# Repeated Subtraction Background Information for Teachers, Parents and Caregivers

This page provides information to support educators and families in teaching K-3 students about repeated subtraction. It is designed to complement the Repeated Subtraction topic page on BrainPOP Jr.

This movie will introduce repeated subtraction as a way to explore division. You may want to explore the Making Equal Groups movie in conjunction with this one to reinforce or extend the topic. We recommend using number lines or hundred charts and employing different subtraction strategies, such as counting back or skip-counting back, to offer children multiple ways to solve number sentences. You may wish to pause the movie as you watch together and have children solve the examples in the movie before Annie and Moby do.

Review with children that when they divide, they take a larger group and split it into smaller groups. We can solve division number sentences by subtracting the same number over and over again. Pose a story problem such as, “A pizza has 9 slices and 3 friends share it. How many slices does each friend get?” You may want to draw pictures or use props to help children visualize the problem. Guide children to write the division sentence that solves the problem 9 ÷ 3. Explain that we can solve the sentence by starting at 9 and subtracting 3 over and over again until we get to 0. Be clear that the number of times we subtract 3 is the answer. Then subtract together, using tally marks to keep track of the number of times you subtract: 9 – 3 = 6, 6 – 3 = 3, 3 – 3 = 0. We subtracted 3 times, so 9 ÷ 3 = 3. Repeat the activity with other number sentences or story problems.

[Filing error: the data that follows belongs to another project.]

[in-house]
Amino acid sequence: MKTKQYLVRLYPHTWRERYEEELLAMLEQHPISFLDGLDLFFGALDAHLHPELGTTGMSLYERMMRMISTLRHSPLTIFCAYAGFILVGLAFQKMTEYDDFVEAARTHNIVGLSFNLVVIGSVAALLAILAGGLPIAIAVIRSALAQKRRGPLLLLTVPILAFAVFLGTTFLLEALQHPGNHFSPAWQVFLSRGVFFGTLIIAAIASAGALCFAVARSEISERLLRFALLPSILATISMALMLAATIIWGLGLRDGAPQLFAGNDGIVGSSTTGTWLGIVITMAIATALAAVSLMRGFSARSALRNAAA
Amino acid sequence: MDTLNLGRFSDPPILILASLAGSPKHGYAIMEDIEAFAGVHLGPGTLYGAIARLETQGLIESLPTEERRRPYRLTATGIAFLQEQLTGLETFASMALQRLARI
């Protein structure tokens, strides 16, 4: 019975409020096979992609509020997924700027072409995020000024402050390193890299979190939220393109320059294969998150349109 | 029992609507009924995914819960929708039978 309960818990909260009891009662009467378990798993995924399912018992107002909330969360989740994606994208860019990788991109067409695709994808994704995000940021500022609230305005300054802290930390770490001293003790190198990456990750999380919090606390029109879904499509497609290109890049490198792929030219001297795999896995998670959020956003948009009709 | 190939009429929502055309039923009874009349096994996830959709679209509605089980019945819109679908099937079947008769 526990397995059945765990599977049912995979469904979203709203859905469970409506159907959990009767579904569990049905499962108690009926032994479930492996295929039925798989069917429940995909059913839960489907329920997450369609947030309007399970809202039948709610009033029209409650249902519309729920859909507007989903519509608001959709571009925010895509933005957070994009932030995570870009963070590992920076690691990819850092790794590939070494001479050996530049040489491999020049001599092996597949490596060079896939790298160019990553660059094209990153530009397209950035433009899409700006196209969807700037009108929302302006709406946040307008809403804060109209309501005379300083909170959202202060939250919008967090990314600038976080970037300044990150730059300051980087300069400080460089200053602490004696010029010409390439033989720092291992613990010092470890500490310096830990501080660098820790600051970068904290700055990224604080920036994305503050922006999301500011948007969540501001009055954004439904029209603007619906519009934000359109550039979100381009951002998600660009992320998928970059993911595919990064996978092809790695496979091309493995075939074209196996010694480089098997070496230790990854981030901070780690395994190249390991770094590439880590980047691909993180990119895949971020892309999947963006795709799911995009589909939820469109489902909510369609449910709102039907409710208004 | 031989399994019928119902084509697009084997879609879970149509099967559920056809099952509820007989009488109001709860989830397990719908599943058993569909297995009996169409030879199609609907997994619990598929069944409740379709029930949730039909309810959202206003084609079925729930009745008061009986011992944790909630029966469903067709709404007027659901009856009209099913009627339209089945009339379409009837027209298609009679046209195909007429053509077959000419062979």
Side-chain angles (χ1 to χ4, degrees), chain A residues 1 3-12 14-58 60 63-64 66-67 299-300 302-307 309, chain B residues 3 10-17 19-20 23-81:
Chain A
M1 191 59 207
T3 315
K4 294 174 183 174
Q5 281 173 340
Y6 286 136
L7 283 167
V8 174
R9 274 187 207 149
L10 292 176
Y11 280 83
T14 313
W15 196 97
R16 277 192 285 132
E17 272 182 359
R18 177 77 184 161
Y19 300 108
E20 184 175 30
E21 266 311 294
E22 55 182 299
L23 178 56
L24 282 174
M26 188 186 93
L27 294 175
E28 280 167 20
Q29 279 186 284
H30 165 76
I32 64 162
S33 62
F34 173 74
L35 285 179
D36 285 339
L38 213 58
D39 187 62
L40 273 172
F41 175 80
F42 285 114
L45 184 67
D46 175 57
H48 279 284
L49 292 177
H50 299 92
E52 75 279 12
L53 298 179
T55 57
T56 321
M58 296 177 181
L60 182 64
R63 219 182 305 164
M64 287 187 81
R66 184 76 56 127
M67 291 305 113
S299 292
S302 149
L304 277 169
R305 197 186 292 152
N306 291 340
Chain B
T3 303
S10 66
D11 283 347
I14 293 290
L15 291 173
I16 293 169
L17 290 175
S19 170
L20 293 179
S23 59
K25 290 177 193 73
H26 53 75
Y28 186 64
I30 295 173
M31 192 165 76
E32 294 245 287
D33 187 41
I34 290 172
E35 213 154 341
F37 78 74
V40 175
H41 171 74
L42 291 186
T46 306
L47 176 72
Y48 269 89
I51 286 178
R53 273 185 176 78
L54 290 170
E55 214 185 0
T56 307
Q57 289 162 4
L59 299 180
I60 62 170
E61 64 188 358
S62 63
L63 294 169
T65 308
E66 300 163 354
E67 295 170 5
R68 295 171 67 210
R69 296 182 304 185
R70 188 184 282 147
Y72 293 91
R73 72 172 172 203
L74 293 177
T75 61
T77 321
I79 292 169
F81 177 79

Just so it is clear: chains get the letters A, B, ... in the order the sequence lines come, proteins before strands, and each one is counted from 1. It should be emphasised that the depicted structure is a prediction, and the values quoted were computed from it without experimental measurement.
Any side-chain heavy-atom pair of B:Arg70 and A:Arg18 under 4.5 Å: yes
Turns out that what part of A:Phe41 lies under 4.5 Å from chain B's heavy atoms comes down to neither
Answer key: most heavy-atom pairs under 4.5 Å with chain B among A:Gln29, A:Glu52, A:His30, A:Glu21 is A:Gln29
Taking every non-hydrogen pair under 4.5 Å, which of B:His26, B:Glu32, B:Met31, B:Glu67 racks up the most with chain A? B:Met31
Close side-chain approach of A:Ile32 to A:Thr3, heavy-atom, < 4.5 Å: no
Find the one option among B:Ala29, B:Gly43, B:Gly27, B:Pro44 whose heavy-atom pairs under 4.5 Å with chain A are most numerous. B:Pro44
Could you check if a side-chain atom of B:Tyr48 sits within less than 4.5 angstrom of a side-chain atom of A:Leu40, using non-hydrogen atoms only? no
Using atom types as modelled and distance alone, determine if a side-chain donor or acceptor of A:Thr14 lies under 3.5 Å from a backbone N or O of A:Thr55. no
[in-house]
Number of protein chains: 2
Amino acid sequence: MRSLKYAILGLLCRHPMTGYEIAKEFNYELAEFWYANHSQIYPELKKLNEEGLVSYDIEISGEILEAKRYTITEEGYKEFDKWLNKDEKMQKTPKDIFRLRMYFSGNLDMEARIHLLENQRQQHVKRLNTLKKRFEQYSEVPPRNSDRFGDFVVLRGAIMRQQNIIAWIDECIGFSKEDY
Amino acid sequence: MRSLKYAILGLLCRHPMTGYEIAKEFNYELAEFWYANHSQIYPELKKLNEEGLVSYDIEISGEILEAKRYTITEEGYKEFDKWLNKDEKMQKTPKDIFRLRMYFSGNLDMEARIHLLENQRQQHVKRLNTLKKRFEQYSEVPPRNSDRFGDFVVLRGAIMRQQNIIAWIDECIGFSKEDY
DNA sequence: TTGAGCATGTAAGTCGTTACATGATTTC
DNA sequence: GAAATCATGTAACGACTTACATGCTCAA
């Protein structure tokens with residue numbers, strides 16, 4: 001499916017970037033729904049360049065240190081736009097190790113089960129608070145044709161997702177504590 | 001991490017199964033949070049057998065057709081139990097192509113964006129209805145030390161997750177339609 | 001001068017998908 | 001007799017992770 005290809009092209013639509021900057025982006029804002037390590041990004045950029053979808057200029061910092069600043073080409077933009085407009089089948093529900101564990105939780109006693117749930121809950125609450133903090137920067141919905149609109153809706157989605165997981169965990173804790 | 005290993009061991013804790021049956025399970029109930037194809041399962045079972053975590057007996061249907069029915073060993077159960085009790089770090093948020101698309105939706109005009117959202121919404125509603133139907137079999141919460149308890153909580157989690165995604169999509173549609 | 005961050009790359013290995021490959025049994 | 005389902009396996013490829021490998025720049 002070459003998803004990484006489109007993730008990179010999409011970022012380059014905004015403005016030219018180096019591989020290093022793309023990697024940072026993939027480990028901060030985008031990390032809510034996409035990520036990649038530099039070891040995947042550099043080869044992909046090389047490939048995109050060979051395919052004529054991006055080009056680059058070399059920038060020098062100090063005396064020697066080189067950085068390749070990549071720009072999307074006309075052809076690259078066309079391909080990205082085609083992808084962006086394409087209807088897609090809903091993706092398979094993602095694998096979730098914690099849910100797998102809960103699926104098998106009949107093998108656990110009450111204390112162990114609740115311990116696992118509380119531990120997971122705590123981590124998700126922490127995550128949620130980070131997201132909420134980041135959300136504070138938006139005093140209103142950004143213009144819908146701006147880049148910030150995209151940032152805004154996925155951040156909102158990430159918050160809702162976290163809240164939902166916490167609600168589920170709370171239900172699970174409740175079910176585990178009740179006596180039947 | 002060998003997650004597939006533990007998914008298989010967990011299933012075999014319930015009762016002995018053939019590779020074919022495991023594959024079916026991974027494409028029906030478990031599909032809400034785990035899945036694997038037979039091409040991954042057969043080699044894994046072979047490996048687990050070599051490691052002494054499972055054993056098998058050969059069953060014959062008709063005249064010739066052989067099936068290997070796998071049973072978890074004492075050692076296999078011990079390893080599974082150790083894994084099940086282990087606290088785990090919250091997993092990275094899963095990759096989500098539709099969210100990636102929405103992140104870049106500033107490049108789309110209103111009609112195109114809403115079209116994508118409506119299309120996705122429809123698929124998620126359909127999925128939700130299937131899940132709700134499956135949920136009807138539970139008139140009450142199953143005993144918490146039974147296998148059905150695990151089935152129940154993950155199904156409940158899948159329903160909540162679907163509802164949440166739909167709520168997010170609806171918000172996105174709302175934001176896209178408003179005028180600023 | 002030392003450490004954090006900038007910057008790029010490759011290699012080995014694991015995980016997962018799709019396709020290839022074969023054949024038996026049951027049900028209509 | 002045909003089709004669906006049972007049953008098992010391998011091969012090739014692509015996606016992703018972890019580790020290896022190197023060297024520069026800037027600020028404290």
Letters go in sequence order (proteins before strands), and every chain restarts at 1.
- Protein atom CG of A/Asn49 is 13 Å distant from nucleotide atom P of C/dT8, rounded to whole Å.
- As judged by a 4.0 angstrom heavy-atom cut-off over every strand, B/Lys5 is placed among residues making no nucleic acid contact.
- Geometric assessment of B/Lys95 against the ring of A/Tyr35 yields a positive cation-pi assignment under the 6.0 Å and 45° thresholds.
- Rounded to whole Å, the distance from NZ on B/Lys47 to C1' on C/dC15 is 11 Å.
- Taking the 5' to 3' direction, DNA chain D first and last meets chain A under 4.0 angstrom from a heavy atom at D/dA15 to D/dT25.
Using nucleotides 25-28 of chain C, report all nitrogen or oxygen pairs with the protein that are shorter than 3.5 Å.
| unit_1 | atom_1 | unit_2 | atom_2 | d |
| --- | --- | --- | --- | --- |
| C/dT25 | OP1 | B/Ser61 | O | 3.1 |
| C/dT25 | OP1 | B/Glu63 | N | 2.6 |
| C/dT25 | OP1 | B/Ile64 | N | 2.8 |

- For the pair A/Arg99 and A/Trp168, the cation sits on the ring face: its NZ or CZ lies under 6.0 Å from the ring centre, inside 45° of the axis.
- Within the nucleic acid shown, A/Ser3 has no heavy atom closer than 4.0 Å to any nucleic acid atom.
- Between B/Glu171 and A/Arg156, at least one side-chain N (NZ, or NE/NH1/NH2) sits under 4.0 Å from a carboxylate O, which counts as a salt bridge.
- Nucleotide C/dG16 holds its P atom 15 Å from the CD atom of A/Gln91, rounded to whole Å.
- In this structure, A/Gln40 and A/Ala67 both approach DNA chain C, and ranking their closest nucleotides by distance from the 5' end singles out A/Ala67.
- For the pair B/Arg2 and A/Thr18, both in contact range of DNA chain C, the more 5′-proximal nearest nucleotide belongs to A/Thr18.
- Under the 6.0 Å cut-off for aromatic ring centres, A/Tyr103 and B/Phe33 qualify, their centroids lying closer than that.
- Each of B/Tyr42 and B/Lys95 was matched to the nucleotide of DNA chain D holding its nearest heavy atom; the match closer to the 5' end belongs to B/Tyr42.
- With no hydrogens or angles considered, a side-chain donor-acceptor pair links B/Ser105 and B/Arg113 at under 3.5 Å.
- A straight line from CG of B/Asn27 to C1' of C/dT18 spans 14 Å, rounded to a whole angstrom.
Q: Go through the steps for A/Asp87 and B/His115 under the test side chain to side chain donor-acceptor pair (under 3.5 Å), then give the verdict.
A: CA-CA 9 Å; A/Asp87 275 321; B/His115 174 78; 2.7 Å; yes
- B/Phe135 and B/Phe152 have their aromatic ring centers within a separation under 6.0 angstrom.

Introduce children to other strategies they can use in order to solve division sentences. Pose another story problem such as, “Annie needs to sell $30 worth of chocolate bars for a fundraiser. Each bar costs $5. How many bars will she have to sell?” Explain that we can use a hundred chart or a number line to solve. We start at 30 and go back by 5s until we get to 0 and then count the number of times we counted back. Model how to solve the problem on a hundred chart or number line. Show how we go back by 5s for a total of 6 times. So, the answer is 30 ÷ 5 = 6. Annie needs to sell 6 chocolate bars to make her goal.

We can also use what we know about multiplication facts to solve division problems. Review related facts and fact families with children, such as 2 x 7 = 14, 7 x 2 = 14, 14 ÷ 2 = 7, 14 ÷ 7 = 2. Point out how the number sentences use the same numbers and inverse, or opposite, operations. You may want to use a fact triangle to help children visualize. Encourage them to use related multiplication facts to solve division facts.

Practice solving different number sentences and invite children to come up with their own story problems. Use models, counters, pictures, and other strategies to help children visualize and check their work.